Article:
Archive for Thursday, May 25, 2006

Huggins’ contract remains unsigned

K-State coach’s lawyer says major issues resolved

May 25, 2006


— Two months after Bob Huggins was introduced as Kansas State's new basketball coach, lawyers in Cincinnati and Manhattan, Kan., continue to haggle over his contract.

The sticking point in the five-year deal is over "specific language," Kansas State associate athletic director Jim Epps said, declining to elaborate. But he said major issues like length and compensation had been resolved for weeks.

He said the contract was in the hands of Huggins' attorney, Richard Katz, but hoped to have it signed by the end of the week.

"I can tell you this, we're down to literally the last couple of issues," Epps said. "Our attorneys sent our position on those issues (Monday), so most of the heavy lifting has been done."

Katz declined Wednesday to discuss what language in the contract was causing the holdup, although he said it had nothing to do with money or other major issues.

"All of the financial terms have been agreed upon," he said. "It's some language in other areas of the contract."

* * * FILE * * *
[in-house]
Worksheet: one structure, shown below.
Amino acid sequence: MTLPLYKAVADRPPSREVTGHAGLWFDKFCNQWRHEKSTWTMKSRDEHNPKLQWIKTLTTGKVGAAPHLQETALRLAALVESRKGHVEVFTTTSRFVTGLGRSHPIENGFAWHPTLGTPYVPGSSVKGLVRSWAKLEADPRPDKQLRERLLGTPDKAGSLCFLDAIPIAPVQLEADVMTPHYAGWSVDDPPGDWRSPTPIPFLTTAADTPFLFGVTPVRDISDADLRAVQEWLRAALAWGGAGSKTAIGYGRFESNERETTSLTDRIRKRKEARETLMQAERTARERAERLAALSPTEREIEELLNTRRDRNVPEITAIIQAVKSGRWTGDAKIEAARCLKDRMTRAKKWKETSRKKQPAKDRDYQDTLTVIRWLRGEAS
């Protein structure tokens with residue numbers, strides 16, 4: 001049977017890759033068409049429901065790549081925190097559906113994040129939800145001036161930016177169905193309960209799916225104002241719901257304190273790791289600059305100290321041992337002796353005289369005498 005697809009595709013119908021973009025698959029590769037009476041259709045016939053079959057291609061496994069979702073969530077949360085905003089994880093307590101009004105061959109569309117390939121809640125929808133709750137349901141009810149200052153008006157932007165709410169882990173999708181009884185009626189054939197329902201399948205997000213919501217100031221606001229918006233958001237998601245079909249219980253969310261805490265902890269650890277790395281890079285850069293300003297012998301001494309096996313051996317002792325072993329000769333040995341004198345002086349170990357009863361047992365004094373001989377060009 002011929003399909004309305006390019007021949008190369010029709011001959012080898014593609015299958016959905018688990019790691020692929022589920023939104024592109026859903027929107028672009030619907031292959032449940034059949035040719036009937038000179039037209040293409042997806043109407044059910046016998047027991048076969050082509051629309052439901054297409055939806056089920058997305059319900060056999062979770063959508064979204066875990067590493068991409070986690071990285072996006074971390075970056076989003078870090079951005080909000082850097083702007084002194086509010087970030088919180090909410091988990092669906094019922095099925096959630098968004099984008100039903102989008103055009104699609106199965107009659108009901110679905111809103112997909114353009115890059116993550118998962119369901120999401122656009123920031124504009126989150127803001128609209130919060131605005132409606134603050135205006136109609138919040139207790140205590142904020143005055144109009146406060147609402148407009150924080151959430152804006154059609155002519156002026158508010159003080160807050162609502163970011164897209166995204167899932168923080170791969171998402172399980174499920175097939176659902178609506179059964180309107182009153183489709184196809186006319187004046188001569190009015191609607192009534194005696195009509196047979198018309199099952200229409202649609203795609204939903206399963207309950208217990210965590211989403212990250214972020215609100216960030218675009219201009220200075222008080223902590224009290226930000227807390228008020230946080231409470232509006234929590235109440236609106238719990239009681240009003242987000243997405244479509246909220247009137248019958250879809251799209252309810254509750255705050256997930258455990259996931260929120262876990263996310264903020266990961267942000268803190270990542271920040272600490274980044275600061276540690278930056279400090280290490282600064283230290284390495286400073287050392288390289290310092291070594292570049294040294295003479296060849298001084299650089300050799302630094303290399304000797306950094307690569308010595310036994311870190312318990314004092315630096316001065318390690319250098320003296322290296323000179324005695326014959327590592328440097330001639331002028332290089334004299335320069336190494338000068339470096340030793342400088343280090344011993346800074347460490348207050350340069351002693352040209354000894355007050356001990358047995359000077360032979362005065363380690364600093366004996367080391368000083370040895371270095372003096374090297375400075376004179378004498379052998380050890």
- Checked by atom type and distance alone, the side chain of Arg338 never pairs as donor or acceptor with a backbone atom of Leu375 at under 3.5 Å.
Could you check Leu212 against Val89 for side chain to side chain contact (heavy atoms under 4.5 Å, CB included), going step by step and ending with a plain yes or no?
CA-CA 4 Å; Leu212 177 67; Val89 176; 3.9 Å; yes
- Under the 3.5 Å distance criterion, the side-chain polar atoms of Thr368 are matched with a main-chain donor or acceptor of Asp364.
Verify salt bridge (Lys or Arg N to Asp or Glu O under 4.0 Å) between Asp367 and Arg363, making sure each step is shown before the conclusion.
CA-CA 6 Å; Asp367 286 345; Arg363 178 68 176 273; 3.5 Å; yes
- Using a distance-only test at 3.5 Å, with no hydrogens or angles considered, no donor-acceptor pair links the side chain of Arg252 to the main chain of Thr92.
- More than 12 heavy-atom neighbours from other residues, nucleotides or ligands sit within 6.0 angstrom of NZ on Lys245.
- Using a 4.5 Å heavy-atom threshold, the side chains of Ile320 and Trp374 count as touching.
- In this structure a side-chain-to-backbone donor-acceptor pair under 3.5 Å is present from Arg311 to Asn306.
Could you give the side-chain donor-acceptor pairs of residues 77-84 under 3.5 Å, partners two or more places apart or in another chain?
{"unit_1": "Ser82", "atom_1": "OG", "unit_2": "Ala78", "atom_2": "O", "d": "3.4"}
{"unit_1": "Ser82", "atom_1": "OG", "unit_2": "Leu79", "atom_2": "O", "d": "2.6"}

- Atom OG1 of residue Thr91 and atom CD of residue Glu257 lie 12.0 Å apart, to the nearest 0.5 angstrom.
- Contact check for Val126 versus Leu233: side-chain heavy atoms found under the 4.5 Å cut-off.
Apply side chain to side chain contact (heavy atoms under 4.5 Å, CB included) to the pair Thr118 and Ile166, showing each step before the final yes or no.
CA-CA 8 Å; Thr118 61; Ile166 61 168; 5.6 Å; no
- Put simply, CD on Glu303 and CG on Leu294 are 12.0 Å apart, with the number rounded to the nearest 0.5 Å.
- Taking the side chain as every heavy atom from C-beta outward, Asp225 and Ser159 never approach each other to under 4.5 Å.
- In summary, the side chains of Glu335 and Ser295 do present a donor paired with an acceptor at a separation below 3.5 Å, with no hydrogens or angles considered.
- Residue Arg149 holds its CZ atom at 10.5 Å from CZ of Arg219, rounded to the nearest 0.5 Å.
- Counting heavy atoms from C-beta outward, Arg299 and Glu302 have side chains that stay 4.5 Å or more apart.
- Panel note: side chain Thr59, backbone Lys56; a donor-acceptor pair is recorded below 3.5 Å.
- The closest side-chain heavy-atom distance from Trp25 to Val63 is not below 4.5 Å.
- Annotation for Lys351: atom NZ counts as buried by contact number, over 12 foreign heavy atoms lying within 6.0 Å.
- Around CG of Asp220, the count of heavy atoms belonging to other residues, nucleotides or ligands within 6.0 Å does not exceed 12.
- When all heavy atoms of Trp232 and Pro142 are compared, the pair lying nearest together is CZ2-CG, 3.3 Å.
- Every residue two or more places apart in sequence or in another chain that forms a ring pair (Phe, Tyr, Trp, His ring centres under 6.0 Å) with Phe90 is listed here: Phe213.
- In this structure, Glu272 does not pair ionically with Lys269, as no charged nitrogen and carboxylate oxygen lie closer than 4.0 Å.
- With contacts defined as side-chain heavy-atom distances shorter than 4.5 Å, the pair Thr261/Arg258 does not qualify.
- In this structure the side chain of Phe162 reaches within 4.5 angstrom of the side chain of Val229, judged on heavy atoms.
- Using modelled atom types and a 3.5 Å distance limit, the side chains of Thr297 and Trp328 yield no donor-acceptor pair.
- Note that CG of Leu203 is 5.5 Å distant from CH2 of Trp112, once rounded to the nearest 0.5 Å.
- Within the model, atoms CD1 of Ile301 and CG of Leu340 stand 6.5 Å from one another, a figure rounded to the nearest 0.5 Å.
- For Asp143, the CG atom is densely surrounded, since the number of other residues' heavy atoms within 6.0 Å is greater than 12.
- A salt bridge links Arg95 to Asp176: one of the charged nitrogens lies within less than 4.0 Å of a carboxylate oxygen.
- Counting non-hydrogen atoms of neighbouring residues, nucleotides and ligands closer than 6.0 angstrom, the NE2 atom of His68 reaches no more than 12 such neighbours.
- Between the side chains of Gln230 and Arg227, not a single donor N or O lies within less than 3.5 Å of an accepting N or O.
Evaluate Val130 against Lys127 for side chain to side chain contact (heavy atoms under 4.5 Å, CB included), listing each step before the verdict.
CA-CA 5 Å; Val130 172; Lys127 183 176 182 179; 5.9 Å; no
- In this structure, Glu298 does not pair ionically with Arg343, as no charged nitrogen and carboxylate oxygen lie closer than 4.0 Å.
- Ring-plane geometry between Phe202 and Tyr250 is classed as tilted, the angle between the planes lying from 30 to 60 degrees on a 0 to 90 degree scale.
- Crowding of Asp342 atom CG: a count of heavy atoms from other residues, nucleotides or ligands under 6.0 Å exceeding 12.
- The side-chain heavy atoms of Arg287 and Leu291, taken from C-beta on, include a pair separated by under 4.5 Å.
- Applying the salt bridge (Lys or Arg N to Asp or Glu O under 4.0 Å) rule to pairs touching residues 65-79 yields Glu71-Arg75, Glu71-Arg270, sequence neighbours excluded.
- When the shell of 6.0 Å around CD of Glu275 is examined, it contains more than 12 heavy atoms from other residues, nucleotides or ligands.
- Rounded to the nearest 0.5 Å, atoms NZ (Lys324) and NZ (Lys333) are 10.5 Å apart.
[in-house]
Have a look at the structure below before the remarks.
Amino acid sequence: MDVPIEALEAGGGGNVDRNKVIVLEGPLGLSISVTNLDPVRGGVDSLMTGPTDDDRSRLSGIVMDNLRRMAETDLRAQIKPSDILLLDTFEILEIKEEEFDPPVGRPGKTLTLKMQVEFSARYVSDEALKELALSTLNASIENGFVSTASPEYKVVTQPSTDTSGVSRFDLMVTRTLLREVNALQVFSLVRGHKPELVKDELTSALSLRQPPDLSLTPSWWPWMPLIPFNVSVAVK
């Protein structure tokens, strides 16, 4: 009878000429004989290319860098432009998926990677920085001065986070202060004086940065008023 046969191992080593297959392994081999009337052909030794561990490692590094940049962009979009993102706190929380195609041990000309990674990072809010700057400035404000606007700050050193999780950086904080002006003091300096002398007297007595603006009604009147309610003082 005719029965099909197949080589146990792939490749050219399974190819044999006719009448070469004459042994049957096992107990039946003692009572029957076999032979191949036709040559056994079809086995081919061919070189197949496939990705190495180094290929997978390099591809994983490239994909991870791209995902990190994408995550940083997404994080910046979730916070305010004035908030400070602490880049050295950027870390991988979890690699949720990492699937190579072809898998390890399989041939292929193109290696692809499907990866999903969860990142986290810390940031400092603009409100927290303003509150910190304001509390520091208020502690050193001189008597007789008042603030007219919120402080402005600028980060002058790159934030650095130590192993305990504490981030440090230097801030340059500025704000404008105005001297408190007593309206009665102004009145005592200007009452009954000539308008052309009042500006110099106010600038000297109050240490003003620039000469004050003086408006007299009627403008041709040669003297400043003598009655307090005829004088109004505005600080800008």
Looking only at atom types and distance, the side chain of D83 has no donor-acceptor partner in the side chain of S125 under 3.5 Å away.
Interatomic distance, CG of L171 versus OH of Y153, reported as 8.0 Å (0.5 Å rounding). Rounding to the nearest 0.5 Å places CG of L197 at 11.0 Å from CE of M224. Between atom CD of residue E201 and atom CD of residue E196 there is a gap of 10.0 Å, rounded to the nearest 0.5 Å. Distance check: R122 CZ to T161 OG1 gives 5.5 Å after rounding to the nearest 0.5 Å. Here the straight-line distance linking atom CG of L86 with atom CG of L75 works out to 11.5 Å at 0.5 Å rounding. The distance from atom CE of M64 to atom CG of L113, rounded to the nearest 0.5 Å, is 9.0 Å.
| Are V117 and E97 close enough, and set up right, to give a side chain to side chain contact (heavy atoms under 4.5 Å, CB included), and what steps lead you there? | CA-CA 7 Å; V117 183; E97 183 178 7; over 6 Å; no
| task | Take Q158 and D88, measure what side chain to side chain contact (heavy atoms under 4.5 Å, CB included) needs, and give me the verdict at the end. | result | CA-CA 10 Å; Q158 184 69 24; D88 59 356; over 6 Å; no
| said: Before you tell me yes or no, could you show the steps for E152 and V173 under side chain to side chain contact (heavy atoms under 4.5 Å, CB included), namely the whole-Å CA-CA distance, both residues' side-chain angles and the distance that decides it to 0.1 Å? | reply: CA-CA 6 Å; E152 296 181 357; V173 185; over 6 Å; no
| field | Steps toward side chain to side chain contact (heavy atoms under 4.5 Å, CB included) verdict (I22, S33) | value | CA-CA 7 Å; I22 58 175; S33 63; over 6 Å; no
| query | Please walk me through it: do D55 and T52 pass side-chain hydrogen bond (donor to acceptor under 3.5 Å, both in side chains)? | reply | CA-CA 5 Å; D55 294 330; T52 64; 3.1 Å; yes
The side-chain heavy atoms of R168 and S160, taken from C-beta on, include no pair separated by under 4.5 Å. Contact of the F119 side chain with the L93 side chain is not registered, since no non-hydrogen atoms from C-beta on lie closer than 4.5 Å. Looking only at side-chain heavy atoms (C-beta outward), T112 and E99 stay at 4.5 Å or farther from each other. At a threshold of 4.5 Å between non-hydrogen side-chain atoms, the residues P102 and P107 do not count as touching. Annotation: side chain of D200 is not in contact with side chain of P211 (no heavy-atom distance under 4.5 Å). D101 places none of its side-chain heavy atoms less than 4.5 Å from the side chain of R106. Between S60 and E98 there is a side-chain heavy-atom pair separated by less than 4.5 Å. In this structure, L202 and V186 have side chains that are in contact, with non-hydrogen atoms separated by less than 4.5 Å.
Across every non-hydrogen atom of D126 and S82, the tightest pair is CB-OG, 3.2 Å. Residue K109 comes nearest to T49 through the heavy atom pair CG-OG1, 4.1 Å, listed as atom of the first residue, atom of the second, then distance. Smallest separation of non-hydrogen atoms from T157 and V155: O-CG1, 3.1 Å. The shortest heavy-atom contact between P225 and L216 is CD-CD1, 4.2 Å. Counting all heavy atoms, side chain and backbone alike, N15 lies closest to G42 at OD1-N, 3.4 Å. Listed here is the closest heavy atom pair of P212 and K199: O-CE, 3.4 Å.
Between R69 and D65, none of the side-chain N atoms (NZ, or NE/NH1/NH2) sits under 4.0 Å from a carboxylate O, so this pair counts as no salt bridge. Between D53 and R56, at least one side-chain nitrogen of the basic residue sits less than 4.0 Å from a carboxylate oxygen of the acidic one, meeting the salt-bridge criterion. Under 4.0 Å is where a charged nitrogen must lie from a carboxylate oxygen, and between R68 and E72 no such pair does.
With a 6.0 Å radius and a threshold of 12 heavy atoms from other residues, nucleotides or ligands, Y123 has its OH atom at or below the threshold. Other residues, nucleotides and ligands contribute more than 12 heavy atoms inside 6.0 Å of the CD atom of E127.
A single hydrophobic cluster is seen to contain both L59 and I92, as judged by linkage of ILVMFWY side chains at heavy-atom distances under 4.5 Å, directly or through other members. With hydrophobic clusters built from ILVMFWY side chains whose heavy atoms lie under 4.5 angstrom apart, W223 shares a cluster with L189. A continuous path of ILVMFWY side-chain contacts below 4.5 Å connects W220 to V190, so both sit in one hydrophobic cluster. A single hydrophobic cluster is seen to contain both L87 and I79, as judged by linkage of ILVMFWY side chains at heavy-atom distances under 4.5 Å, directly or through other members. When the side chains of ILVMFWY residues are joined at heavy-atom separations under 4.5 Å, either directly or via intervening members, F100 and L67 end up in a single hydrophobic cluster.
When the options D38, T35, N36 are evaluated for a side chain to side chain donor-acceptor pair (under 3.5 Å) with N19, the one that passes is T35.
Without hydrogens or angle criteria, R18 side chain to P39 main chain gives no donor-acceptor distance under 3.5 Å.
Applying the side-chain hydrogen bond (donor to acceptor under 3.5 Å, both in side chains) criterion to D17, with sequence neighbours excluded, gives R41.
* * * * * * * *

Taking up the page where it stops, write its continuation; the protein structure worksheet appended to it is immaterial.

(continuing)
The deliberate pace of the negotiations stands in contrast to Missouri and Iowa State, where Mike Anderson and Greg McDermott were hired about the same time as Huggins and quickly signed long-term deals.

Missouri, which refused to interview Huggins as a replacement for Quin Snyder, agreed to pay Anderson a minimum of $850,000 annually over the next five years. McDermott signed a six-year, $3.9 million contract with the Cyclones.

"For the life of me I don't understand why Katz would quibble" over the contract, Epps said. "It's just a couple of issues that his attorney wants a greater definition on. We think we've accommodated that wish. I'll be curious."

Huggins, who is 567-199 in 24 seasons and was 399-127 at Cincinnati, was hired March 23.

Though the deal isn't technically done, Huggins already has started drawing paychecks, Epps said.

The 52-year-old coach has signed an annual appointment, which is required of all Kansas State employees and is separate from Huggins' multiyear contract. The appointment essentially states Huggins is employed, and Epps said his pay was predicated on his base salary.

That may explain why Huggins, when asked last week whether a contract had been signed, seemed as confused as anyone.

"I think it has," he said.


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